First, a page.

Tag Archives: Bumps Willard

Best Movie Stunts of the Year List 1970-1979

 

Here is the list for the Best Movie Stunts for the Decade 1970-1979 as listed in the book, 100 Years of the Best Movie Stunts!

1970 – They Call Me Trinitythey_call_me_trinity_poster_02

The Spaghetti Western and Spaghetti Western Comedies were starting to come into their own and a string of “Trinity” films starring Terence Hill and Bud Spencer would arise.  They became worldwide stars and did all their own fighting in their films.  These are great fun!

1971 – The Big Bossbig-boss-lobby

Bruce Lee would become a bonafide sensation after his first film and there really was no one quite like him. He had the skills and a way about him that everyone after him tried to copy.  Martial Arts got it’s very own movie genre after this.

1972 – The Poseidon Adventureposeidon-adventure wallpaper

Another new genre, would be this sub-category inside the action genre, that became the disaster film.  This one has a very good fall into a ballroom skylight done by a non-stuntman at the time, Ernie Orsatti.  He would go on to become a stuntman after this, he found he had a knack for it.

1973 – Live and Let DieLive Boat

James Bond would appear this decade a record 4 times!  This is the first on the list with a speedboat jump over land by Jerry Comeaux of 110 feet, which made it into the Guinness Book of World Records.

1974 – The Man With The Golden Gunman_with_the_golden_gun_stunt

This one had a great car jump stunt that is a breath-taking, “I can’t believe I saw that” …mathematical stunt devised by Raymond McHenry at Cornell University and performed by Bumps Willard.

1975 – The Man Who Would Be Kingman who would be king

Joe Powell would perform a jump from a rope bridge between two ravines 100 feet into a pile of boxes that would lead legendary Director John Huston to say, ” That’s the damnest stunt I’ve ever seen.”

1976 – Gatorgator car

This would be the start of a great collaboration between Hal Needham and Burt Reynolds.  Hal Needham would body double Burt in this film and there’s a nifty car flip at the end of the movie with Hal in the truck bed.

1977 – The Spy Who Loved MeSPY-WHO-LOVED-SKI-1

This is a bond film with one of the most extensive pre-credit sequences than all the previous films and right before they go to the opening song and credits, they have a fantastic ski-stunt by Rick Sylvester right off a mountain and then slowly fall until finally has a parachute open. Really great opening.

1978 – HooperHooper3

Hal Needham directed Burt Reynolds this time in a movie inspired by and about stuntmen! Can’t name just one stunt to highlight in this film as it’s just chocked full of them, but if I had to, A. J. Bakunas has a world record breaking jump from a helicopter into an airbag (232 feet!).

1979 – MoonrakerMoonsky7

BJ Worth and Jake Lombard fight over a parachute in this Bond entry and it’s fun to watch.  I would definitely include all the camera men who had to jump and film the sequence which included 88 jumps over all.

Check out our new Book, 100 Years of the Best Movie Stunts!Screen Shot 2015-09-19 at 8.23.28 PM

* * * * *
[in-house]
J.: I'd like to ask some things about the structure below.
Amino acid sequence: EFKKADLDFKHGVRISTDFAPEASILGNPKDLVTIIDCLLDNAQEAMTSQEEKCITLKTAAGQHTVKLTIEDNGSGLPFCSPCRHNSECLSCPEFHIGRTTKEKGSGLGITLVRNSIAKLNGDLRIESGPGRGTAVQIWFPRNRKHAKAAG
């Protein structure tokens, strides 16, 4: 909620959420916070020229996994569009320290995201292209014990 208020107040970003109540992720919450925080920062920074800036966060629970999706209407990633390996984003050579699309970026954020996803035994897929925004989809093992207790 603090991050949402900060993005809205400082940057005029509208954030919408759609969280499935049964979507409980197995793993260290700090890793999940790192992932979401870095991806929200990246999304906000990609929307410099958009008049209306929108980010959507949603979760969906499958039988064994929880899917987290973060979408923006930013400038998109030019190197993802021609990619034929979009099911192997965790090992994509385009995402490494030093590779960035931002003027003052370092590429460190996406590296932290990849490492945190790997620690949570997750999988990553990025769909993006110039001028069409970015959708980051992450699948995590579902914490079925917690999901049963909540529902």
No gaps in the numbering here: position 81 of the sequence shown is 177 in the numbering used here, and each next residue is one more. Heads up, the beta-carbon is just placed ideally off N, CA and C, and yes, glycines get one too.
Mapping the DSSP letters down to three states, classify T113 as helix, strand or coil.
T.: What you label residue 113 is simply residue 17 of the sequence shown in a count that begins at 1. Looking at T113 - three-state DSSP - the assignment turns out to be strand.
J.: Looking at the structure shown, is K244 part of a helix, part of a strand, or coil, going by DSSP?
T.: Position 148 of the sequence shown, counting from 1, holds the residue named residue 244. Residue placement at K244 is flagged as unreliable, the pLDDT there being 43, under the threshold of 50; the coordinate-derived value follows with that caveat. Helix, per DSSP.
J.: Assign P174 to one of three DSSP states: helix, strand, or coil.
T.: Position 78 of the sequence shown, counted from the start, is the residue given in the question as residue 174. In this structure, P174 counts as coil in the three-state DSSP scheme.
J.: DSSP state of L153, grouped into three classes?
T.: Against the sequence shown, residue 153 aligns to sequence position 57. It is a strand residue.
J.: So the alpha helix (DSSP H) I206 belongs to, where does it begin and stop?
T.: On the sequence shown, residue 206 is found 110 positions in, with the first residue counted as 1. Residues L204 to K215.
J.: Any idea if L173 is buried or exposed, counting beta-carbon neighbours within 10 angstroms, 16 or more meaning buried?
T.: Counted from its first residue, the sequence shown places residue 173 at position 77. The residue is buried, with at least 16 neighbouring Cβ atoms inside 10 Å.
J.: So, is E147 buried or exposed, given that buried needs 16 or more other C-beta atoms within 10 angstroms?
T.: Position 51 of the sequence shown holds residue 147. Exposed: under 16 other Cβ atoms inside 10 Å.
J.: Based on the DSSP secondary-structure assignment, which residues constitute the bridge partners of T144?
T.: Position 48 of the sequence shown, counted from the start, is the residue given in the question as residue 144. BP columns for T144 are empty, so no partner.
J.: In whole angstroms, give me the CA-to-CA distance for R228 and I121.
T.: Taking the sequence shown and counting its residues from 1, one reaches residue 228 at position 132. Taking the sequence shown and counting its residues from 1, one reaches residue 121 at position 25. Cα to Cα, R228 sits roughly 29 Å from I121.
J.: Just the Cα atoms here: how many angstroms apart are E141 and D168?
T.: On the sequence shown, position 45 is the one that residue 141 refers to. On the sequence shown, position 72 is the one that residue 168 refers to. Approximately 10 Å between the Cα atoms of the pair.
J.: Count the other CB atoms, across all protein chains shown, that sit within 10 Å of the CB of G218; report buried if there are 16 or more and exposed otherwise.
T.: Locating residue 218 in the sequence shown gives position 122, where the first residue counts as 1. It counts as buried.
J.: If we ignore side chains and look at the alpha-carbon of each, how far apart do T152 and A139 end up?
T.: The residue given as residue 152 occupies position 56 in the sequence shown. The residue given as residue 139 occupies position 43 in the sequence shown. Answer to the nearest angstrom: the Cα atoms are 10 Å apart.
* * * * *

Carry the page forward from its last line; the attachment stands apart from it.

Bumps Willard and Raymond McHenry For The Man With The Golden Gun

 

This is where the Bond films start to dominate the Best Movie Stunts. Every picture was designed to out-do the last and they definitely don’t disappoint in The Man With The Golden Gun (1974). This stunt literally was designed in the laboratory. Designed by Raymond McHenry, and conceived at Cornell Aeronautical University, it toured the US as the Astro Spiral in the All American Thrill Show before being used for the movie.man_with_the_golden_gun_stunt

The stunt is performed by Bumps Willard and involves him driving an AMC Hornet as Bond off of a specially designed ramp that’s made up to look like a broken bridge on one side of a creek, across the water doing a spiral flip (a 270 degree roll) and then touching down on an identical ramp on the other side and then driving on.  It’s a fantastic, mathematical stunt that was performed in one take. The jump is also credited with being the first stunt ever to be calculated by computer modeling.  “Bumps” Willard was an original member of ‘Helldrivers’; a stunt group specialists on dangerous car stunts; showcases. The Group leadrers was ‘The Bossle Brothers’ and also Joe Williams; famous for the ‘Two-Wheel-Stunt-Driving-Scene’ in Diamonds Are Forever.man with

I want to add a side note that Martial Arts is introduced as the fighting style in this movie because of the huge popularity of Bruce Lee and his films such as Fists of Fury and Enter the Dragon, so you can say that Bruce Lee had his affect not only in his own genre of Martial Arts films but in Hollywood as a whole. It’s impressive to come along and affect James Bond.

The Man With The Golden Gun is directed by Guy Hamilton for Eon Productions.Man With Golden

Things to look up ( go to IMDB ):

  • Bumps Willard
  • Raymond McHenry
  • The Man With The Golden Gun
  • Guy Hamilton
  • Eon Productions

History of stunt terms as defined by Wikipedia: Hell Drivers – The frequently used term to describe, and the very popular title of, numerous automobile thrill-based productions performing at fairs and racetracks by various squads of stunt drivers since the 1930s. Earl “Lucky” Teter was the first to coin the phrase Hell Drivers, when he began touring his show in 1934. Hell Drivers provided massive audiences with an always exciting show filled with precision driving and deliberate crashes.

Featured stunts included driving cars on two wheels, crashing through flaming barricades, and jumping an automobile ramp to ramp through mid air. For many years, Hell Drivers were used to demonstrate the dependability of a manufacturer’s automotive product. Major Hell Driver automotive sponsors have included Chevrolet, Dodge, Chrysler, Ford, AMC, Nash, and Toyota.

Later thrill shows coining the phrase “Hell Drivers” were launched by such famous drivers and race promoters as Jack Kochman, John Francis “Irish” Horan, Danny Fleenor, Geoff Williams and Joie Chitwood.